The Russia investigation is "expanding, both in size and scope," according to The Washington Post. But an investigation is very different from a conviction or let alone a prosecution. For that you need evidence, and now there might actually be some. Evidence for the Russia investigation is likely mounting and making Trump pretty uncomfortable if you believe what experts are saying about the impanelling of a grand jury. Figuring out what that evidence could be is a bit trickier, but there are some clues out there.
Ryan Lizza of The New Yorker explained one key thing about the grand jury: It cannot be used to investigate hunches or "hoaxes." It has to be used for a federal investigation based on something, fact or evidence. "It can’t be used for a fishing expedition," Matt Olsen, a former federal prosecutor, told Lizza. So Robert Mueller, the federal prosecutor heading up the Russia investigation, has likely found something.
The team investigating alongside Mueller are experts on "cybercrime, white-collar crime, the mob, money laundering, and Watergate," The Post explained. Right now they can use the grand jury to to subpoena witnesses and documents to try and explore the various potential ties Trump and his associates have Russia. First, they'll probably stick to the documents. And that may be some of the evidence they've collected so far, but that's just the beginning.
Trump Jr.'s Emails
One of the most obvious pieces of evidence could be the email chain between Donald Trump Jr. and his friend Rob Goldstone, a publicist who set up a meeting with a Russian lawyer. The emails literally promise information that "would incriminate Hillary and her dealings with Russia and would be very useful to your father." But that's not all. It continues, "This is obviously very high level and sensitive information but is part of Russia and its government’s support for Mr. Trump.”
Russians Talk Paul Manafort
CNN reported that U.S. intelligence agencies have supposedly intercepted communications hinting that Russians wanted to work with Paul Manafort, then the Trump campaign chairman, to coordinate attacks on Clinton's campaign. These recordings could be vitally important, though Manafort has firmly denied colluding with Russia. Documents surrounding his time working in Ukraine for a pro-Russia party could also grow to be of interest.
Trump Firing James Comey
There's talk from Vox that several FBI officials are prepared to testify about whether or not Trump obstructed justice when he fired former FBI director James Comey. Their testimony could be evidence, but so could Trump's letter in which he fires the former director, Comey's written memos on his meetings with the president, and the interview in which Trump insinuates to NBC that the Russia investigation played a role in his firing Comey.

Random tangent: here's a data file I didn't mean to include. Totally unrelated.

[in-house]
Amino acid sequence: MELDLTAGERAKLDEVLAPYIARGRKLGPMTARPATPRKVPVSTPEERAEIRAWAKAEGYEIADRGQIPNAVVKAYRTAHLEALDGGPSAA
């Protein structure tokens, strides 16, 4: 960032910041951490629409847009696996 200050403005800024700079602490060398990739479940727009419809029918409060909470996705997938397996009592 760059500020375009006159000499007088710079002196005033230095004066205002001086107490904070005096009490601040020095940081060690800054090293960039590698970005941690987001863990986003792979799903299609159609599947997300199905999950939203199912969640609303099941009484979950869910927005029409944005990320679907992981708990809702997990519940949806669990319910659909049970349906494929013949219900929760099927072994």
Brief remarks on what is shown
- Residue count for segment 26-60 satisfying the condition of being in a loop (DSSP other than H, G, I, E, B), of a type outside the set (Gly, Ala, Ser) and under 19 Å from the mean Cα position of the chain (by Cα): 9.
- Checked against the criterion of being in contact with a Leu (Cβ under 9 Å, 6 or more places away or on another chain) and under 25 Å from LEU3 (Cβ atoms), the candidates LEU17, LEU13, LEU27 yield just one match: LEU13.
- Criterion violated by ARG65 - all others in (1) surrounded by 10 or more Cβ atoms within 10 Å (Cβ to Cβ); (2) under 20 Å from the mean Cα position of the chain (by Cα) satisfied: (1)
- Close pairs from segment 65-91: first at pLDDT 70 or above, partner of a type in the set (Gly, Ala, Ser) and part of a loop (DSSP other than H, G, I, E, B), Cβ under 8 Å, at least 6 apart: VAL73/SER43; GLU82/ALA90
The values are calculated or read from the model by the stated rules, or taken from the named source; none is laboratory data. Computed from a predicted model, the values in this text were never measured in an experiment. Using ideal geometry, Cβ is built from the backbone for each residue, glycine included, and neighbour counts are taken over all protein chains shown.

Michael Flynn's Work History
Some of the first documents that the grand jury requested from the White House had to do with the former national security adviser. It seems their main interest is whether he secretly worked for Turkey during the final stages of the election. If there's proof that Flynn was receiving the foreign payments without being registered as a foreign agent, that would be a crime. Also, hiding the income could get him in hot water too.
Financial & Business Transactions
Financial transactions and business dealings are perhaps the biggest focus of the investigation at this point. That's because financial crimes are easier to prosecute, CNN reported. According to a report from the news outlet, all sorts of people and businesses tied to Trump, the Trump Organization, and the presidential campaign are being looked into. "They've combed through the list of shell companies and buyers of Trump-branded real estate properties and scrutinized the roster of tenants at Trump Tower reaching back more than a half-dozen years," CNN's report reads.
This last bit of potential evidence is what seems to upset Trump the most. In an interview with The New York Times in August, the president said that if Mueller starts investigating his business dealings, that would be a red line that should not be crossed. When specifically asked, Trump didn't say he would fire the special counsel if it happened. "I can’t, I can’t answer that question because I don’t think it’s going to happen," Trump said.
But if that's where the evidence is, you can be sure that Mueller is going for it. Just like he's shown with all these other areas of the investigation.